Why Is My Cat Moving Her Kittens?

It can be exciting knowing that your cat is having a litter of cute kittens. But after theyre born, theres so much to keep an eye on as a cat owner. Some mother cats can start moving their kittens away from the nest area, and this can happen for a variety of reasons. There are a few methods that you can use to stop your mother cat from moving her kittens, though!

Image Credit: Christiane Hfer, PixabayWhile it can be incredibly exciting to have newborn kittens in the house, resist the urge to pick them up and cuddle them. Your mother cat should be doing a great job of looking after her kittens, and as long as she has a clean nest and access to food, water, and her litter tray, she needs minimal supervision.

As the kittens start moving around and exploring on their own, the mother cat will become more relaxed and accepting of people visiting her babies. Image Credit: JackieLou DL, PixabayAs soon as you know that your cat is expecting kittens, start thinking about potential locations for her nest. Image Credit: Ermolaev Alexander, ShutterstockSometimes a mother cat will move a single kitten if she thinks that they may be ill.

Uterine metritis is an infection that leads to fever, lethargy, decreased milk production, and a bad-smelling discharge from your cats uterus. Image Credit: New Africa, ShutterstockNewborn kittens cant regulate their own body temperature, so they need help keeping warm for the first few weeks of life. As part of your daily check, remove any soiled blankets, clean the litter box thoroughly, and make sure spilled food is cleared away.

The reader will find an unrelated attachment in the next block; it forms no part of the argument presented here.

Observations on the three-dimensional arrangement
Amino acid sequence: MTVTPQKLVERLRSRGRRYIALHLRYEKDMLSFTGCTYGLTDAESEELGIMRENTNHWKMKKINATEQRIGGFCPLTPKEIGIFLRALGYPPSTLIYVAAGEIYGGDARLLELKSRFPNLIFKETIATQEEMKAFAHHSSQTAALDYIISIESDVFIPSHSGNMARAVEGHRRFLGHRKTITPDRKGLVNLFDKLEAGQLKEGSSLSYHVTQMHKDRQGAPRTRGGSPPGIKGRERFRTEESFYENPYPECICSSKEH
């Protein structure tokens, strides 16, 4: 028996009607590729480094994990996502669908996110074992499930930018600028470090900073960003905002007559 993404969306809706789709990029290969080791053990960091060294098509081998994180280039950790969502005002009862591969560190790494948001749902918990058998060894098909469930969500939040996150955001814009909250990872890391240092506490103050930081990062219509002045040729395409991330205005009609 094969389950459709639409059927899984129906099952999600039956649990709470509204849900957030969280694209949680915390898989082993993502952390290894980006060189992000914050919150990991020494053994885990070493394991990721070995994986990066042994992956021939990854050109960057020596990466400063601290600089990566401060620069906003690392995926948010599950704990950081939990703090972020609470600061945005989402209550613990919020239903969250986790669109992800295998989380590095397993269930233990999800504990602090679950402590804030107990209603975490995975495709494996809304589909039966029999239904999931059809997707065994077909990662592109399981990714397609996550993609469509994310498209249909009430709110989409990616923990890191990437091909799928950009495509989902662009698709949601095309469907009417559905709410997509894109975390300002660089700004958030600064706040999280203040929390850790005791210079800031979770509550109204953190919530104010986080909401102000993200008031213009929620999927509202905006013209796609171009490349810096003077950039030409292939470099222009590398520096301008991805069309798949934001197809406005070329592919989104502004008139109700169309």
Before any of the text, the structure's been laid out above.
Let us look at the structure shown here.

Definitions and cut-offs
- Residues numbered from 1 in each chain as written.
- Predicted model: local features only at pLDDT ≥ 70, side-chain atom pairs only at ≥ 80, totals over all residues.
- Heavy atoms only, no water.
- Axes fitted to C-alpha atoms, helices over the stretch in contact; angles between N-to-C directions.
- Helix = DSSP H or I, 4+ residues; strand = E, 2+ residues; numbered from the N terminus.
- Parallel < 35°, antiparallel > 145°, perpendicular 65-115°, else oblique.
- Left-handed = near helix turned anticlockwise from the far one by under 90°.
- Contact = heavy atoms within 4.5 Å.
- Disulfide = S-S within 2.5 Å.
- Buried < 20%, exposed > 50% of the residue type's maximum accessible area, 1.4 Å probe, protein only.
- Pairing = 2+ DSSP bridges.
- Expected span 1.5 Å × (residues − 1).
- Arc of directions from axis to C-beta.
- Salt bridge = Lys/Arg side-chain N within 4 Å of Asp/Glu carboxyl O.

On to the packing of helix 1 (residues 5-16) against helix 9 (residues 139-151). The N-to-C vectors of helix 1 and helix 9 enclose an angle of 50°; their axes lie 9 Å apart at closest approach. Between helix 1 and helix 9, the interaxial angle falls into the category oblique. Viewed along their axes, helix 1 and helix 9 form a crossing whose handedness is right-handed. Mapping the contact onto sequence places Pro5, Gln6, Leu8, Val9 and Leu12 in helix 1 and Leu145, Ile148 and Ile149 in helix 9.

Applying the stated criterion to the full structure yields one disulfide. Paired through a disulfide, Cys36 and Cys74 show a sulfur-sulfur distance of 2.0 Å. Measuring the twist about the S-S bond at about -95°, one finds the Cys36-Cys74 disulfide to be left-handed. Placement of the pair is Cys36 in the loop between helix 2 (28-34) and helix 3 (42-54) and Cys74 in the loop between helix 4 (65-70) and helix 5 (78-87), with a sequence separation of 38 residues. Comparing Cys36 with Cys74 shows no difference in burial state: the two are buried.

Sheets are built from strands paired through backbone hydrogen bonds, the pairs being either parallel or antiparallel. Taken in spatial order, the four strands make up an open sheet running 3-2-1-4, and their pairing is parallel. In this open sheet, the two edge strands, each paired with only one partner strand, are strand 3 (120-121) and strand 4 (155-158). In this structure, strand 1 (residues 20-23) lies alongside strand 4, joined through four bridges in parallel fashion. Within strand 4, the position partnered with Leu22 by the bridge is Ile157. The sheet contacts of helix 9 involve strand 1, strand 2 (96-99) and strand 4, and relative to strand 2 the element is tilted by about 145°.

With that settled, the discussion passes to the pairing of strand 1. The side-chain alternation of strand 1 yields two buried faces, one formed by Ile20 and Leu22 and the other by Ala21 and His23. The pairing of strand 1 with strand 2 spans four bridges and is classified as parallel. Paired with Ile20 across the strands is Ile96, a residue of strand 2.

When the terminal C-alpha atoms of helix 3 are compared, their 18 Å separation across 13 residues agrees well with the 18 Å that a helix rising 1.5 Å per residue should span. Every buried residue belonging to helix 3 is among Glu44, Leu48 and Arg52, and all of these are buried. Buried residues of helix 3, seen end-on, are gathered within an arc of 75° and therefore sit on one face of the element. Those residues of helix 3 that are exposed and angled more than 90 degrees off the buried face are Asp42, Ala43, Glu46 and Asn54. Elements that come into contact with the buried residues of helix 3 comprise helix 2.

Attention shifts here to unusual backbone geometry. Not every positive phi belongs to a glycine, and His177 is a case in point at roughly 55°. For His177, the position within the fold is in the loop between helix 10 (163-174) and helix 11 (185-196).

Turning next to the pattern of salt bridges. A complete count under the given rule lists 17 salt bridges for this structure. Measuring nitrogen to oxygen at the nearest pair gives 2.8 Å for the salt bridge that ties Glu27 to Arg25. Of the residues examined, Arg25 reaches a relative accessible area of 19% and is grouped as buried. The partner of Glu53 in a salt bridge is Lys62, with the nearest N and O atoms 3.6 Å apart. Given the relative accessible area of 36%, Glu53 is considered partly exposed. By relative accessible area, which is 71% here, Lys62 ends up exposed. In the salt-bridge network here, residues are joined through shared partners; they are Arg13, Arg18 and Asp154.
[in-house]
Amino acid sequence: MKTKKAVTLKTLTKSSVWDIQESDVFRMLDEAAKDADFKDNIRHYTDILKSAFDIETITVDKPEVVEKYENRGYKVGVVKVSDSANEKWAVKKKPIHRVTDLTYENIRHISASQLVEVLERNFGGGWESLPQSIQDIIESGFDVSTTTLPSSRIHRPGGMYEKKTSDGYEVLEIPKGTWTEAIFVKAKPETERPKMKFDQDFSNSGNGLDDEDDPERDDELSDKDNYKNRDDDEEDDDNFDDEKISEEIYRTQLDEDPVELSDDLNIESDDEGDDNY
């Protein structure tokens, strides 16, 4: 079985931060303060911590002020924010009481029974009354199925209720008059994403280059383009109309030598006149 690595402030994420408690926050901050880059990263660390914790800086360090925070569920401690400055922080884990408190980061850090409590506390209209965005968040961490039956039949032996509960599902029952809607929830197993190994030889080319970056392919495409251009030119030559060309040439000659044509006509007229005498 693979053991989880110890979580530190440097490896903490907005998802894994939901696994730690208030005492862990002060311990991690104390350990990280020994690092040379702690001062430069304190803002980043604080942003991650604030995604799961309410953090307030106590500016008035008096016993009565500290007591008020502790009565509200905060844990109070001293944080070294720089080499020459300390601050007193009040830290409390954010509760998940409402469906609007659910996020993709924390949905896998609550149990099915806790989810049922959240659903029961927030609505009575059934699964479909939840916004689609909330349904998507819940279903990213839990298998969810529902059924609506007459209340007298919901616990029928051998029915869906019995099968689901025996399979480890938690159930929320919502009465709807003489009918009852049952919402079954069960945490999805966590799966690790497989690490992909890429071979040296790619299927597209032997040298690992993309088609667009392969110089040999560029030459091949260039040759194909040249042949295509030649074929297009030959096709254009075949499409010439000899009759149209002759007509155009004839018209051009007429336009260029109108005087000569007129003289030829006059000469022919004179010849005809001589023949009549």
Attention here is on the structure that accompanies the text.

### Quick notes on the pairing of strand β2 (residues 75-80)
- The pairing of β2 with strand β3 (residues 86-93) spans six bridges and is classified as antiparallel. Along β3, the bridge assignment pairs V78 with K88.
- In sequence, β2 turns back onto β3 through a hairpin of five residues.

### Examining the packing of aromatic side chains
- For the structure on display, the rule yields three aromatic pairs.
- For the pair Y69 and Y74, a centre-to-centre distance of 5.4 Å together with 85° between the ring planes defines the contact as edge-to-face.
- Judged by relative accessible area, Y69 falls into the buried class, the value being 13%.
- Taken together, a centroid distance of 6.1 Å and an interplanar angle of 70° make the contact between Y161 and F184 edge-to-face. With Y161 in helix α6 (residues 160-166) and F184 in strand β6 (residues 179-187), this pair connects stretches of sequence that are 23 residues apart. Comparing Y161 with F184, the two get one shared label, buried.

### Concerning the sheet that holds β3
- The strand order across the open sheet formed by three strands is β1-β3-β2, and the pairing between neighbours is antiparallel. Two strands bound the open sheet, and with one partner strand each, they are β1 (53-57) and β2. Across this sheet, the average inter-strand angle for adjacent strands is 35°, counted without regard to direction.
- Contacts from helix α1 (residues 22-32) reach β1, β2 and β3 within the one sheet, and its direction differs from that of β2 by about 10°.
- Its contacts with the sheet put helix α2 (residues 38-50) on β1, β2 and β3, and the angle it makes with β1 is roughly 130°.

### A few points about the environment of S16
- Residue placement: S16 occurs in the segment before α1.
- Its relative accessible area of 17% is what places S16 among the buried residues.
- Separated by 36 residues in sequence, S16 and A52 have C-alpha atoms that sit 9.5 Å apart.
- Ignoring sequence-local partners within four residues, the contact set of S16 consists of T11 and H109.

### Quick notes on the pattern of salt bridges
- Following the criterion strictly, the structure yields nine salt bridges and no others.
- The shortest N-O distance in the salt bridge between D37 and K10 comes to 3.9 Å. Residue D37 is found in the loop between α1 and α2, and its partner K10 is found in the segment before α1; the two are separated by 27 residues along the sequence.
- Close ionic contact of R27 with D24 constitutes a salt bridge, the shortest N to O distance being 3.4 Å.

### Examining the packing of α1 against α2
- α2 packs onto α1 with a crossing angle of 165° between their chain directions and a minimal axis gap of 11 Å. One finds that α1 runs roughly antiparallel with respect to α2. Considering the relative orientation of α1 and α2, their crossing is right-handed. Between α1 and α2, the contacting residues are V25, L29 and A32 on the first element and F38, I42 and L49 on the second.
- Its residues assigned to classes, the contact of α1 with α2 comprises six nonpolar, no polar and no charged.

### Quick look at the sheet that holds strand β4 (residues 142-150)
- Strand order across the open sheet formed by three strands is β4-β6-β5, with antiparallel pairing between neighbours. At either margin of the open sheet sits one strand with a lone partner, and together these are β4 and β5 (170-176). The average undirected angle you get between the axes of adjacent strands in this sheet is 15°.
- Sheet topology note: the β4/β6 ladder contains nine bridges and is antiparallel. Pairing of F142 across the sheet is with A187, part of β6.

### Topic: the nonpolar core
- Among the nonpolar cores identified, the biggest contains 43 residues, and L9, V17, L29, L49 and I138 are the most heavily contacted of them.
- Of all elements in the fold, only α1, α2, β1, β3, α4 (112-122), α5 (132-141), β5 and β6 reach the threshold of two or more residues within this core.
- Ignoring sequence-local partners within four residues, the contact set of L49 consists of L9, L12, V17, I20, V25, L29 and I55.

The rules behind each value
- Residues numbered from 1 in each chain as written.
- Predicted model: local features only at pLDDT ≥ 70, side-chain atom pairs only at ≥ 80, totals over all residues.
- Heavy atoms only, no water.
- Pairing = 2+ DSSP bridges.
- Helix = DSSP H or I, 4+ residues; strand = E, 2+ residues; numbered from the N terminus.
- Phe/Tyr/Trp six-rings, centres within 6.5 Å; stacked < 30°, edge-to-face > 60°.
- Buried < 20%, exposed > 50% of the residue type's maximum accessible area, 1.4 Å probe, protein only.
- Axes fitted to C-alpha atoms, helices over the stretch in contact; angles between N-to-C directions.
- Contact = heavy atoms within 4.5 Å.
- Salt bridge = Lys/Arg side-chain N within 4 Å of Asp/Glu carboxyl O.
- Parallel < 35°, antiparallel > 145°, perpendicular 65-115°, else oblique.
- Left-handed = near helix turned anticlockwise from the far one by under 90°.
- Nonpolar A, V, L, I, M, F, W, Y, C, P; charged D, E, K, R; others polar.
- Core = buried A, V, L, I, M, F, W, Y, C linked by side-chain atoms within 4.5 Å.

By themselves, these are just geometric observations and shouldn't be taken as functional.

How do I stop my cat from moving her kittens?

Keep the area clean and as odor-free as possible..Ensure the area is dim, quiet, and relaxing..Keep other pets away from the area..Give the new family plenty of privacy..Monitor Mom and her kittens from a distance, when possible.

Why does my cat keep wanting to move her kittens?

Cats will instinctively want to keep their kittens somewhere clean. That’s because strong scents can attract predators in the wild, and that will put the lives of her kittens in danger. If the nest is becoming dirty, then she might start trying to move her kittens to a cleaner spot.

Should I let my cat move her kittens?